Nothing says late spring the like the tell-tale emergence of heady beach junk on the photography blog. It is an annual rite of passage of sorts. For several years now, images of visually interesting waste on southwestern beaches have graced this blog with the hints they give regarding how we city folk utilize this expansive coastline which surrounds us. If spending most of our time in downtown Gwangju, we can easily forget the impact of this sensory scape which to a large extent affects the urban lives we enjoy. Not just cuisine, but also more subtle cultural attitudes are affected by combination of agrarian and ocean-based livelihoods which surround us. However, the news seems to have spread, as visiting these shores has become an increasingly common way to spend a warm weekend.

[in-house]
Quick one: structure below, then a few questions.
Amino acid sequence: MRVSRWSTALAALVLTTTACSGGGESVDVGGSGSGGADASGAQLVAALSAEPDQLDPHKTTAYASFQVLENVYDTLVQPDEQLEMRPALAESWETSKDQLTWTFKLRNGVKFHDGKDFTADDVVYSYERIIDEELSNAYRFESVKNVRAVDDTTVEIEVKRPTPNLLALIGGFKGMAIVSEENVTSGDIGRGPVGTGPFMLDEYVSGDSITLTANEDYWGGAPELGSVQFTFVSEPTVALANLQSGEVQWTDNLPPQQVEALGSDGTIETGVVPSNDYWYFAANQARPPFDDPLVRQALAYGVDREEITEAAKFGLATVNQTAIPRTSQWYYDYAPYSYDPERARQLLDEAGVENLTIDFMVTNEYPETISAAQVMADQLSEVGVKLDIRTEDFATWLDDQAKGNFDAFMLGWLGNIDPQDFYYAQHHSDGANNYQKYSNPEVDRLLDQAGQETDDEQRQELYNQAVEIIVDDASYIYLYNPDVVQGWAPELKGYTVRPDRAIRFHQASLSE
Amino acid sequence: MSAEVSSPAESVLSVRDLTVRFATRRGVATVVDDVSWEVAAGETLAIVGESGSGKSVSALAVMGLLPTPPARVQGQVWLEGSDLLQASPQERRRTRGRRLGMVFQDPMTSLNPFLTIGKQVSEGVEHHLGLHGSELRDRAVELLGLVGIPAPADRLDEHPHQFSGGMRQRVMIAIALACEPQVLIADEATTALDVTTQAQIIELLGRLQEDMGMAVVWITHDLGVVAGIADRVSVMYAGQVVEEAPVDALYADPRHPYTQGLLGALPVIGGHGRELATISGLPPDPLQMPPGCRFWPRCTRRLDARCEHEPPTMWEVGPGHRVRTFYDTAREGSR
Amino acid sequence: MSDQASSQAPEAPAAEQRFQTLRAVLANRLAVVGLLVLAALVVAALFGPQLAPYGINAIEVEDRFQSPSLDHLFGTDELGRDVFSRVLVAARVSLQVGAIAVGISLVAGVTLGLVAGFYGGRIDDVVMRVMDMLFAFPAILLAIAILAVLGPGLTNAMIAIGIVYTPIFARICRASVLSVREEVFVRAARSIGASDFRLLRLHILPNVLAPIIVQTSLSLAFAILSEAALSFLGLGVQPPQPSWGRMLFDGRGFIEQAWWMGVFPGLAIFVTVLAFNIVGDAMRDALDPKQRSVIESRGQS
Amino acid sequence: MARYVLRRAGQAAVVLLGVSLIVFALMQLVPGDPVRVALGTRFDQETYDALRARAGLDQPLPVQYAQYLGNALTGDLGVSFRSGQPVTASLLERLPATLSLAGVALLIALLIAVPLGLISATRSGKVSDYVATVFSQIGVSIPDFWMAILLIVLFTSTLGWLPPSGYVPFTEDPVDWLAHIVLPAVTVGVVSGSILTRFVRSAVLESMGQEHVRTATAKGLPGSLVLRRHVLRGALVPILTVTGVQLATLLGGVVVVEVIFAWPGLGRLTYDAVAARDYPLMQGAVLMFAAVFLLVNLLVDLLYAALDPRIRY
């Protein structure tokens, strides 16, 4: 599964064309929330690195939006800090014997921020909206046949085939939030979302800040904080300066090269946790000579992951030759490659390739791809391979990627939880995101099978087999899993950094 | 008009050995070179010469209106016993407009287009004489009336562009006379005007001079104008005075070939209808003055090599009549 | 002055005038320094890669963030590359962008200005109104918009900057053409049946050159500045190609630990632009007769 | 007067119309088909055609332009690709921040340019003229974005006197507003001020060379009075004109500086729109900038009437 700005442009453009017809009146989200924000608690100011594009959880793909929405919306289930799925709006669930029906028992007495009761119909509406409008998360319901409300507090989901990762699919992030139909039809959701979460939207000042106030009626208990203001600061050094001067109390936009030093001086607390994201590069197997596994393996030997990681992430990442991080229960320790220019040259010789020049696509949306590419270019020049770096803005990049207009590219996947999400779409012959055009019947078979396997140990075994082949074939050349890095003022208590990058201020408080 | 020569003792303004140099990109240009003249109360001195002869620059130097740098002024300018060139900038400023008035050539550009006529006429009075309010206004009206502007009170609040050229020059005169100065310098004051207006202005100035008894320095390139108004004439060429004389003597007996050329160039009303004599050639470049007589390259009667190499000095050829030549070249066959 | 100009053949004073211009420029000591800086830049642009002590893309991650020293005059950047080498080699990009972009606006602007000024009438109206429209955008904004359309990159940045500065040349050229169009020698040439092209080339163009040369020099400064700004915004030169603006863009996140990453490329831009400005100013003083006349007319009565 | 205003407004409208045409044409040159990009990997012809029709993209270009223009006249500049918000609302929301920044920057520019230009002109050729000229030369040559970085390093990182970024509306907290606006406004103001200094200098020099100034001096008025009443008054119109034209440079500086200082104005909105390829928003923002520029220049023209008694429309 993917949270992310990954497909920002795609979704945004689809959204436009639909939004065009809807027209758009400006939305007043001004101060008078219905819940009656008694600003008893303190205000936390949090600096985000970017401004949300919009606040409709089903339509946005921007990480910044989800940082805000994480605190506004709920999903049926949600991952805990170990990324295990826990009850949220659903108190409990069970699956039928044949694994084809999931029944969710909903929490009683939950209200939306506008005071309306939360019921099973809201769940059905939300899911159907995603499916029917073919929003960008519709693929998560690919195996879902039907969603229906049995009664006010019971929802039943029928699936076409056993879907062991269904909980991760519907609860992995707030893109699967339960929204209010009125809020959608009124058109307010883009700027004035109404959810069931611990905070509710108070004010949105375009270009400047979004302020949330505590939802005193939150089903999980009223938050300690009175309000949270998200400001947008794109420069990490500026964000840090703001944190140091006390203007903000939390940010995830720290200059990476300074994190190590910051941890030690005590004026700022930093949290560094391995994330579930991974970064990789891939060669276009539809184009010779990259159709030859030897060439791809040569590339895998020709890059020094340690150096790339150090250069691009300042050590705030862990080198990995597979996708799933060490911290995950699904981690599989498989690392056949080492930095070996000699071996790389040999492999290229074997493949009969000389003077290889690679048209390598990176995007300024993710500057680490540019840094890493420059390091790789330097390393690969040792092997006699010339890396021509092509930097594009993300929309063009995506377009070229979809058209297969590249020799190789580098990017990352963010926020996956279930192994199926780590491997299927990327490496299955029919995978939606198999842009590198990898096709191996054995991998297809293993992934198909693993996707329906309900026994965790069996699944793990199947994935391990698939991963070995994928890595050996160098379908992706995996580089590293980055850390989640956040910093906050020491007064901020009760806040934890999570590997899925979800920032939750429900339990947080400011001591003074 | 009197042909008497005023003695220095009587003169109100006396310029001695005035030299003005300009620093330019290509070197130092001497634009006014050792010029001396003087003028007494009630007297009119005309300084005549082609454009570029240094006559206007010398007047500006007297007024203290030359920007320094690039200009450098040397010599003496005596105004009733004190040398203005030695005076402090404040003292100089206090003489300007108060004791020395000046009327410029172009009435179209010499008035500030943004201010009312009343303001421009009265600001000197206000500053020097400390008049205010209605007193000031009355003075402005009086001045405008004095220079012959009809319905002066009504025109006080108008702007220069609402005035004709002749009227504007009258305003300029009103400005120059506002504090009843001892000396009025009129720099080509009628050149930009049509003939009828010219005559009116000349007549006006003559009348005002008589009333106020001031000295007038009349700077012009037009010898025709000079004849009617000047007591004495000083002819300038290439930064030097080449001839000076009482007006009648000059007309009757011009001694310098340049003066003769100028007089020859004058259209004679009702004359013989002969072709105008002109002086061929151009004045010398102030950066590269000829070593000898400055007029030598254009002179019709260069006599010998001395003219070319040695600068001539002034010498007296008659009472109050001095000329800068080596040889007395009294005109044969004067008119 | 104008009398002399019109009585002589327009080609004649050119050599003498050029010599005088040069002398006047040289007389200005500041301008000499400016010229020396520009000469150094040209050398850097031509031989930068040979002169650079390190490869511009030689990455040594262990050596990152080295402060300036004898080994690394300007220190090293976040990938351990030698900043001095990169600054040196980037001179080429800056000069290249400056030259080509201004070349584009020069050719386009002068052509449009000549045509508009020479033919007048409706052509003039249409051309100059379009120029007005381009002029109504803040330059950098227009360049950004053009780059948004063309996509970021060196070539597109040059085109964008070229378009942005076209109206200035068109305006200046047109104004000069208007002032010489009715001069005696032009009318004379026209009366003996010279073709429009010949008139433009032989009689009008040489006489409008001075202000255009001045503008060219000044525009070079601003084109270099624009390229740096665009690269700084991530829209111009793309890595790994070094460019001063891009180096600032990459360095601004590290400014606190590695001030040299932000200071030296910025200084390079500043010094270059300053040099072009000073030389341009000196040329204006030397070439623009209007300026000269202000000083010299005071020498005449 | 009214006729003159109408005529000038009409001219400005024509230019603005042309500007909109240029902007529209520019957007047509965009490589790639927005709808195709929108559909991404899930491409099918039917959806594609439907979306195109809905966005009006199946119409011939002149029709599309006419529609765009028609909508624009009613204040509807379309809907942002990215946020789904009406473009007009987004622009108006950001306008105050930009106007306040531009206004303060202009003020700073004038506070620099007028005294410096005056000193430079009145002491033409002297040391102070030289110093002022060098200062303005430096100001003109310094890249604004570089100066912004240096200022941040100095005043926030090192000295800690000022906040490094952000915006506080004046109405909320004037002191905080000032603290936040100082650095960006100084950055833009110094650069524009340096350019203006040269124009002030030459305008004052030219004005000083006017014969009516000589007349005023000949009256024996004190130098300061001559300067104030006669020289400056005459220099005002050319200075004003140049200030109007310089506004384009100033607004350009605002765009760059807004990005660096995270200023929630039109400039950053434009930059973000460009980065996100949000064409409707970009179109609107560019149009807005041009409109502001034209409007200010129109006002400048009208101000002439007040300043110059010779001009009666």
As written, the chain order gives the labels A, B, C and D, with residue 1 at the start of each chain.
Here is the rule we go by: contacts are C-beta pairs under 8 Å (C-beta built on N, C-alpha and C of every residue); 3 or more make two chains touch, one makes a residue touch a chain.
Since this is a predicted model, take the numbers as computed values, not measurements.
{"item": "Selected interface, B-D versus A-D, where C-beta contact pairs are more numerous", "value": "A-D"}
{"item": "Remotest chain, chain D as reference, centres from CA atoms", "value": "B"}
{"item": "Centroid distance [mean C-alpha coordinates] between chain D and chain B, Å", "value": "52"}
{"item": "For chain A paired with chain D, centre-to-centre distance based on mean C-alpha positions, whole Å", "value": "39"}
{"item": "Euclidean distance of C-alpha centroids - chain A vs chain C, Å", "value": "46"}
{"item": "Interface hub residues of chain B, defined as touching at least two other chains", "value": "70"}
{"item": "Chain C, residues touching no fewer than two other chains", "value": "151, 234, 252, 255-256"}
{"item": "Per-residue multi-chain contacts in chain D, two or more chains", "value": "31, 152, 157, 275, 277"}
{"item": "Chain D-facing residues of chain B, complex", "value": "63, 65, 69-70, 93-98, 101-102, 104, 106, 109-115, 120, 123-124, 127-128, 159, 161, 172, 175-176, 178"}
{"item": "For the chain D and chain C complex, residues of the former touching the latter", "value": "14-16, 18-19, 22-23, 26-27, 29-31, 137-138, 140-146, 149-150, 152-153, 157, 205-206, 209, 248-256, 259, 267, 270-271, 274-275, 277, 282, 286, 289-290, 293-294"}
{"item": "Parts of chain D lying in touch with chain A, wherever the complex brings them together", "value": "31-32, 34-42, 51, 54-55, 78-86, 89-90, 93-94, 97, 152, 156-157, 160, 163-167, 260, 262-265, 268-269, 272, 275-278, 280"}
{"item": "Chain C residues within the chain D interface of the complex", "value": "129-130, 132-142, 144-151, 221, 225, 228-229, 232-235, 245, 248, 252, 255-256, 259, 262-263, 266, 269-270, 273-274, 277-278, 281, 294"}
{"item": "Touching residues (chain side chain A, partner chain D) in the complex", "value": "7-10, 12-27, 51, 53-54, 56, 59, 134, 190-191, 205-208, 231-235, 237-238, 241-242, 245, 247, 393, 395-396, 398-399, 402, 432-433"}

This week’s photo was chosen for the way it reveals changes which have come to the shores from Byeongsanbando southward to Mokpo and Wando the past number of years. While it is still relatively easy to find uninterrupted fields and mountains meeting the rocky shoreline in Jeolla-do, most access roads now lead to curated beach experiences. The fuller visual description of these changes will have to wait until another day. However, needless to say, pensions and seaside tourist haunts now lay claim to where fishing boats and the occasional unidentified ruins once lay. As such, even the refuse has reflected this change in societal use.
While shipwrecked buoys and remnants of Chinese pallets can still be found, fireworks, picnic wrappings, and kites like the one above are an increasingly ubiquitous sight. Personally, while I mourn this change local visual culture, I realize that this is inherently a transitional space, one that cares not for the sacredness of yesterday. Therefore, like the discarded pink pig monster above, I have little choice but to greet these changes with a smile.
[Image taken with a rapidly aging Iphone SE, accompanied by a heady brew of ambient music and Puer tea.]
(Photo & Text by Marty Miller)